Community funding groups have been giving emerging artists the opportunity to bring their stories to life.
At least one young Calgary filmmaker, Cassandra Paige Johnston, has been using such programs to actively pursue her career in film.
The 24-year-old however did not initially start off on this career path. She first enrolled in the theatre performance and creation program at Red Deer College, where she learned that her passion for film was strong and that theatre could no longer hold her satisfaction. So she switched to the college’s motion arts program.
In her final year in the program, she wrote and directed her first short film, titled Mending with Gold. The film was shown at the Edmonton Short Film Festival where it won best short experimental film. Ever since, she has not stopped writing and strives to create and show more of her work, hoping to make it in the industry.
While she still loves to act from her theatre days, she says writing and directing are more fulfilling to her as a form of expression.
While Johnston had initially decided to pursue a career in theatre she has always had a history with films. Growing up, her father was a film buff who had a whole room dedicated to movies. Her strong roots in cinema gave her vast knowledge on the history of film, and what works and doesn’t work in movies.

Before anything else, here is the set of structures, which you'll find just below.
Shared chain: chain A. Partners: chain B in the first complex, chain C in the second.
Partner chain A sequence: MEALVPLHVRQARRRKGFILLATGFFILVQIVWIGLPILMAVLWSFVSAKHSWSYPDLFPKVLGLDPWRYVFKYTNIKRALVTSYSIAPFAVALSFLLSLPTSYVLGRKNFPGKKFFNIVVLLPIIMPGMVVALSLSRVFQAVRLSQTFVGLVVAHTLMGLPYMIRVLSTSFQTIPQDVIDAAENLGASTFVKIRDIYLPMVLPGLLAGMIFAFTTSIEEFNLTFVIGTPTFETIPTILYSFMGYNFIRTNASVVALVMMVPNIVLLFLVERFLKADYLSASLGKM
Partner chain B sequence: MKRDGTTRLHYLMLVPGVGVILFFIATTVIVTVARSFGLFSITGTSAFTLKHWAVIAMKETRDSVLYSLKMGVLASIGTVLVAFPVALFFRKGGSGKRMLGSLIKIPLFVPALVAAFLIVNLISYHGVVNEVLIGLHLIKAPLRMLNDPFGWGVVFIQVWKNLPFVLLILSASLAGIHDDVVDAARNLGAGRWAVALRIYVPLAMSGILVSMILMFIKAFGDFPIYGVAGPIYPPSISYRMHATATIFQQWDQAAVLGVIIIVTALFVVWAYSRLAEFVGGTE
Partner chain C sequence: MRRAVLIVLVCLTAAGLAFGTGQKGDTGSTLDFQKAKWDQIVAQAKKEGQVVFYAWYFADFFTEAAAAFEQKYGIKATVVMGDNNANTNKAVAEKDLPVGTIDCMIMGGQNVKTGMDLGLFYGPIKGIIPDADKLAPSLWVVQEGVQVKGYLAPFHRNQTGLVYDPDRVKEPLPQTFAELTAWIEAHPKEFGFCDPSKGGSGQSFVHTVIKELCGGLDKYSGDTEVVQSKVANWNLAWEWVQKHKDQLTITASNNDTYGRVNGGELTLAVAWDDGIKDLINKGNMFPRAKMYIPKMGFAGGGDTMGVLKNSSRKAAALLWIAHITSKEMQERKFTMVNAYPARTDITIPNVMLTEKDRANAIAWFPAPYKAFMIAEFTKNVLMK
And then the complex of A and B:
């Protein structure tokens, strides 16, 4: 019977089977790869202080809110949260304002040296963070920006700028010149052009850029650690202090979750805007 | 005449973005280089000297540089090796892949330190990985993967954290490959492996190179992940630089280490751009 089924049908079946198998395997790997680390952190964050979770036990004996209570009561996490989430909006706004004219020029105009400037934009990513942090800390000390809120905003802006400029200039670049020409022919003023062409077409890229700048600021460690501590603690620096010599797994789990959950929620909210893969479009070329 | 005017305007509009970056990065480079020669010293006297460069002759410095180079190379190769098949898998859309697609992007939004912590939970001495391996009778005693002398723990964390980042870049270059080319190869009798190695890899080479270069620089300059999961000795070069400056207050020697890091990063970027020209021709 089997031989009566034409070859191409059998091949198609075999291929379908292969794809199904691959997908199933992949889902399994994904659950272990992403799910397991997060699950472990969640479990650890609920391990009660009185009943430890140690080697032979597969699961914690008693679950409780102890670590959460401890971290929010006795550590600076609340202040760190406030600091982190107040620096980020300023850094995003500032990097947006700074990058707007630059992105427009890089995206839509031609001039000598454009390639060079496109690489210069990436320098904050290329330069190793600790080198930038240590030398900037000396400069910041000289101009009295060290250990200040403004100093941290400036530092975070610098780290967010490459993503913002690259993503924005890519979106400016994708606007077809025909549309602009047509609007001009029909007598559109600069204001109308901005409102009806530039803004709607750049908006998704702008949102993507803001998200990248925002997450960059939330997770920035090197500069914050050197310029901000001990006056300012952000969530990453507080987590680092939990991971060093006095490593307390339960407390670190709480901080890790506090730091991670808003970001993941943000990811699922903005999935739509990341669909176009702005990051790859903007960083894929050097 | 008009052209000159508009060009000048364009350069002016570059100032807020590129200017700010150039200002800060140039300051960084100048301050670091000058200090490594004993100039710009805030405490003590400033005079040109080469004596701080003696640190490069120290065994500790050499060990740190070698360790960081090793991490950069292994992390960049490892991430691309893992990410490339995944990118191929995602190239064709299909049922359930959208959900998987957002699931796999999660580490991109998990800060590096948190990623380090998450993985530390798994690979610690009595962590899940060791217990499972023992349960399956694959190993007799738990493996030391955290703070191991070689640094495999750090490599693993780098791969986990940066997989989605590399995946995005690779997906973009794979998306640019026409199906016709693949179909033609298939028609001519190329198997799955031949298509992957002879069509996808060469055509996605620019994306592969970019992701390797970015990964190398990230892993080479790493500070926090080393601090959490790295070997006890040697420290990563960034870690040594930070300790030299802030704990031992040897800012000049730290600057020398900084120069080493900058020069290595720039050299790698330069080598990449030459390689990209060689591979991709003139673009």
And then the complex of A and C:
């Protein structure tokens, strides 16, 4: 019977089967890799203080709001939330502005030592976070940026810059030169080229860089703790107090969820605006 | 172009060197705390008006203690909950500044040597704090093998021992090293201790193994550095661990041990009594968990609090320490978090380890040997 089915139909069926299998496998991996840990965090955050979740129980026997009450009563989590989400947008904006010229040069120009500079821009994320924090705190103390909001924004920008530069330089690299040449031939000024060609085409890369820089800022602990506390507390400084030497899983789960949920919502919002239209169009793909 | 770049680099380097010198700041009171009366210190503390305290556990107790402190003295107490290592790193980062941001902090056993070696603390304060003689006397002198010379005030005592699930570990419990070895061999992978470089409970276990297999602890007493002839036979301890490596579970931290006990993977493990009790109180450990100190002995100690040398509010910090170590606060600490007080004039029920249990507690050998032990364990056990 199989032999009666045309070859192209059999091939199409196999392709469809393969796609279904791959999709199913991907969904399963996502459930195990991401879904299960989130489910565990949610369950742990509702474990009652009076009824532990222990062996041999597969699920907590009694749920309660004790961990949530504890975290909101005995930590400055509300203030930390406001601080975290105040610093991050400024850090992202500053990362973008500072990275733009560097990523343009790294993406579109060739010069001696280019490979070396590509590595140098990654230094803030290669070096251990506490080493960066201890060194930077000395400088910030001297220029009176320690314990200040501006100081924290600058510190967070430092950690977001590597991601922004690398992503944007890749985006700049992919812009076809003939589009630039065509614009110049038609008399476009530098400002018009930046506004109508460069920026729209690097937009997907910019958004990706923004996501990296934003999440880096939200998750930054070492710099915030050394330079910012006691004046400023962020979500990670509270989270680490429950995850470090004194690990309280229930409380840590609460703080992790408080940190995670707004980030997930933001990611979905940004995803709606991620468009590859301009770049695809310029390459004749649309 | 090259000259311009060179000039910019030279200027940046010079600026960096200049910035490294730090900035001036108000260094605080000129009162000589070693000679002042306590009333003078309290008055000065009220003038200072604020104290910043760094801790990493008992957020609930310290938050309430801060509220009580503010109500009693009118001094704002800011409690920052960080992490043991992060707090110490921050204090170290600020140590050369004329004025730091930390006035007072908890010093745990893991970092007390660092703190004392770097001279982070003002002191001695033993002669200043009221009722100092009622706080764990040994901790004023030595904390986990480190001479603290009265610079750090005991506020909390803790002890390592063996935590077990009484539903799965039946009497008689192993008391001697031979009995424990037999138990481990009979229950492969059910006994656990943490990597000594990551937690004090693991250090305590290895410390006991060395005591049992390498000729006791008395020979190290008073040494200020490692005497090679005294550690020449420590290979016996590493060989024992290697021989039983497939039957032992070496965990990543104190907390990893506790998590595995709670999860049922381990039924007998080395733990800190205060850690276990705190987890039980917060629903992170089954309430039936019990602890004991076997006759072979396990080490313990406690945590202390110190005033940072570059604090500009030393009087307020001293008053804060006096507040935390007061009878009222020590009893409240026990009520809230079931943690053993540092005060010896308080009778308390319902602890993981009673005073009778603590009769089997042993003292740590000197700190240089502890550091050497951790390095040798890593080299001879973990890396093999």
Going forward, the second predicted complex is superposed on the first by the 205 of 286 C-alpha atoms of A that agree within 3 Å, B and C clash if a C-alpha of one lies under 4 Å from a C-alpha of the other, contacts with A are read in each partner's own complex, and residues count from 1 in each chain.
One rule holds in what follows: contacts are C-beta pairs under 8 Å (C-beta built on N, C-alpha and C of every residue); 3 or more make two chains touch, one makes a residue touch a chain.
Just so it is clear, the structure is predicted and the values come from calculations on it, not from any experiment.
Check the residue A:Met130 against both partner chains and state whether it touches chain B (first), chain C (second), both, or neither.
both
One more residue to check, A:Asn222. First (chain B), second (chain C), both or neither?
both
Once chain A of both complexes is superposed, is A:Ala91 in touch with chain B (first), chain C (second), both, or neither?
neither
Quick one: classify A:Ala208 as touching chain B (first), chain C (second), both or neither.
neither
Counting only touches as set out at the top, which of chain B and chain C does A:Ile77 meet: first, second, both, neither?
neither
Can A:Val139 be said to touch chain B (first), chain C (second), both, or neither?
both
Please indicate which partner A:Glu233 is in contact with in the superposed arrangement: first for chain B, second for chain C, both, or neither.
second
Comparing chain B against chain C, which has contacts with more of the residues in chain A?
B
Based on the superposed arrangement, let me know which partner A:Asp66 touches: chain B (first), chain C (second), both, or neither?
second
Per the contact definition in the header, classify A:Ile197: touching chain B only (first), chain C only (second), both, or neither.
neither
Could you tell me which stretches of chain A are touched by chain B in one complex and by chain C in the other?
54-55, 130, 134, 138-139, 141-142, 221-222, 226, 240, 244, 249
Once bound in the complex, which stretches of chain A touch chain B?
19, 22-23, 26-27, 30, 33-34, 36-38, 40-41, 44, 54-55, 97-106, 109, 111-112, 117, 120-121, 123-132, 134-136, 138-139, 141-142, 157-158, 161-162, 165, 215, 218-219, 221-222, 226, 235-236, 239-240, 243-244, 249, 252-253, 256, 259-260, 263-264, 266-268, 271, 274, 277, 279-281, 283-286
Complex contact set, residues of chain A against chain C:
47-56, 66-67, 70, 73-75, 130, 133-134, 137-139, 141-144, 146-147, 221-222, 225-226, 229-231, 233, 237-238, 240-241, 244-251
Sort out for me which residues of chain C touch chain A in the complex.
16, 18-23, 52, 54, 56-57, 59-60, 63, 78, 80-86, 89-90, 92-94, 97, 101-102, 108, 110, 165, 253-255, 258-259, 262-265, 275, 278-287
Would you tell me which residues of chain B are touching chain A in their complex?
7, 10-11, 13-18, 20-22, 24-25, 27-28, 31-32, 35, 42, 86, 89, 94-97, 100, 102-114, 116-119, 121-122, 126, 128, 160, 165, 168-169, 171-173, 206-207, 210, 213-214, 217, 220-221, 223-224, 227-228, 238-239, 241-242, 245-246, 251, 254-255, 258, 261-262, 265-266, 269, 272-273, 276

One of her idols is acclaimed filmmaker Sophia Coppola, who is best known as the director of Lost in Translation and The Virgin Suicides. Both films have had an influence on the style and the way that Johnston’s approaches her work.
Johnston is currently working a short film, Inconvenient, which centres around a young girl working in a convenience store struggling with her own identity.
Johnston recently received a $10,000 grant from STORYHIVE, sponsored by TELUS Optik that she won through a voting process between all local writers and directors in the Alberta and B.C. area. STORYHIVE is a community-based funding program created to help local artists bring their projects to life through grants, training, and distribution.
Zoe Webber from STORYHIVE says, “STORYHIVE creators often use their finished films as calling cards to build their careers and grow their fan base.”
There are other funding programs out there that help young artists to create their own projects, including Alberta Film, Alberta Foundation for the Arts and the Alberta Media Fund.
From February 6 to February 12, Johnston’s film will be premiered online through STORYHIVE where people from the community can vote for their favorite short film.
As a director, Johnston has a good reputation among actors.
Actress Kas Nixon says, “she was great and really easy to work with.”
Nixon said it was nice to work with a female director because of how relatable she is and the different skills she brings to the industry.
The editor responsible for this article is Tayari Skey and can be contacted at firstname.lastname@example.org